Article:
So it seems the conclusion is that the Marshall is a fake due to the low serial number range, not necessarily the missing "M"? What's that worth?
Majic
The serial number for the detective special is correct, 912xxx, no "D". Is the PPS the same frame size? The Bankers special, Detective special, and Cobral all look the same except for the shape of the grip. The Marshall is definitely a larger gun.

BTW the Marshall, Cobra and Detective special have minor blemishes.

What about this Bankers special? Good serial number from 1937, in great shape, clear department markings, is this a shooter, or should I just admire it? Blue Book said $500?


If you guys are tired of these models how about these?

Colt .357 # 255xx
Officers .22lr #228xx

I have never thought of myself as a collector, as I generally am a utilitarian, but this is FUN. Thank you for the kind assistance BTW.
 

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The DS is no more than a short barreled PPS. The PPS (Police Positive Special) was a 4" barreled holster revolver for the uniformed cop. The Detective Special was given the short barrel for concealment for the plains clothed detectives. They are one in the same execpt for barrel/front sight arrangements.
The BS, DS, and Cobra are all variations on the same D-frame and basically the same gun just configured differently. The Marshal is built on the I-frame (which as you have noticed is a larger frame than the D-frame)and is the equal to a OP. Consider the D-frame as Colts small frame and the I-frame as it's medium frame.
The Bankers Special became one of the Colts that the value has shot thru the roof on some models. $500 for one would be a good deal to me.
The 357 seems to made around 1960 and the Officer was built in 1940. (till someone else comes along and corrects me.....lol)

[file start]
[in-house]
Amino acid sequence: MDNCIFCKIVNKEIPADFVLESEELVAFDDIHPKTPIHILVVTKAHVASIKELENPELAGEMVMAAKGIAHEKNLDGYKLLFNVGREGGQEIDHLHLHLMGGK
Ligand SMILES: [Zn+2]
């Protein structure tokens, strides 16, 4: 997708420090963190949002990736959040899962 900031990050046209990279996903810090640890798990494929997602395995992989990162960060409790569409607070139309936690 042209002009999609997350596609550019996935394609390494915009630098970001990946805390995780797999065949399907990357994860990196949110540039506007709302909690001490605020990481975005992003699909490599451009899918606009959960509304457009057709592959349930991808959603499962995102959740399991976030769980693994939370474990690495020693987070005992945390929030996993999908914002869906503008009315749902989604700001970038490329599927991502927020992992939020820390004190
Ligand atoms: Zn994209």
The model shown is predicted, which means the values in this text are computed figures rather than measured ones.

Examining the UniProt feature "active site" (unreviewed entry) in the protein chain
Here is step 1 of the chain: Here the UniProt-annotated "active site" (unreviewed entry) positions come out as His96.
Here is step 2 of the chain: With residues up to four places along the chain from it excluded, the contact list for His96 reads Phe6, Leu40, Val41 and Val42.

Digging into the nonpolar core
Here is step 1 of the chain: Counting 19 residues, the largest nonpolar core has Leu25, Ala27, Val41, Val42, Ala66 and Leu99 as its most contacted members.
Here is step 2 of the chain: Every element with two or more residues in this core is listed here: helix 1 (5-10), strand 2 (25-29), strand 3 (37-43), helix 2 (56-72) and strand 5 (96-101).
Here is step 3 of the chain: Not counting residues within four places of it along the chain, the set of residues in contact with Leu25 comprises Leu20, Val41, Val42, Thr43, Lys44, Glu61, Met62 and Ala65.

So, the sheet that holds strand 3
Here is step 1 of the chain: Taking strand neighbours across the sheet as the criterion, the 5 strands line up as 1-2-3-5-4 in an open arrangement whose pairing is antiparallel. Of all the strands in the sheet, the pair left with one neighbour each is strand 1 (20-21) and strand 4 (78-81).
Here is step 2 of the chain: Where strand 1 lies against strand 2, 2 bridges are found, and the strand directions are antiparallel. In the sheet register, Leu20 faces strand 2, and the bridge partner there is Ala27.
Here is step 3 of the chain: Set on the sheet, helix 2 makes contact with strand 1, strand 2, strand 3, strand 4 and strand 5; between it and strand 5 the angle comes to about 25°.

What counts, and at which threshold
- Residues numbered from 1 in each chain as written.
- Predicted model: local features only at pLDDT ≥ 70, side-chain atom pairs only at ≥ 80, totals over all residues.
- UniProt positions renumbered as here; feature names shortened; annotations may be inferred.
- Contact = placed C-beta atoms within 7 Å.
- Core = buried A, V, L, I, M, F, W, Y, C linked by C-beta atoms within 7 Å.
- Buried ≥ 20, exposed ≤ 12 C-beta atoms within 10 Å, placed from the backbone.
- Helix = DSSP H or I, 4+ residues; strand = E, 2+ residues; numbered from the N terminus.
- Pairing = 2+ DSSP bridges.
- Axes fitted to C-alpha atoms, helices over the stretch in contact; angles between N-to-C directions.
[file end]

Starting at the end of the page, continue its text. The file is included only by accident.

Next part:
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If you will look at the BS compared to the DS, you should notice the BS has a shorter cylinder because it is chambered for the .38S&W, not the longer .38 Special. Assuming the unit marking is factory, the BS is probably worth more than BB price. It is anyone's guess, but $700 to $900 would be my guess.

I am not sure what to say about the supposed Marshall. If the serial number were in the proper range without the suffix, I might say it could be legit, but would be skeptical. With it in the wrong range, it is worth only what a shooter is worth, plus some premium for a barrel that could be worth a premium as time passes.

The "357" is, in my opinion, a somewhat overlooked collectable. There were not that many made, and its place as the first Post-War .357 and the first medium-frame .357 make it an important Colt. (I call the I-frame a medium frame, at least compared to the giant New Service frame size.)

I really love the .22 Officers Models of any vintage, and Pre-War ones are the best in my opinion.
 

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Discussion Starter #13
I just looked at them again

The Detctive special does not have the prefix "D" before the serial #, so I don't know what that means.

The Bankers special is pristine, and is actually the gun marked B-P-D-4176 (MY MISTAKE)

The Marshall does not have the prefix "M" but there are other marks near the serial number, "L" and "U". The barrel does appear to be a different hue compared to the frame.

I'm thinking of making an offer on these four plus the .357, & an officers 22lr.

The confusing part is the Marshall is $500 in the blue book, referenced at $700 on the net, worth who knows what, if it is a fake but they are asking $800.
 

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Discussion Starter #14
I didn't notice the Bankers was .38 S&W, not .38 special. Guess I won't be shooting that one anytime soon.
 

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Why would the .38S&W chambering of the BS keep you from shooting it? Ammunition is readily available, and it is a mild round to shoot.
 

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Discussion Starter #16
Thanks, I didn't know it was readily available. I usually concentrate on more modern firearms/caliber's. The information here is excellent.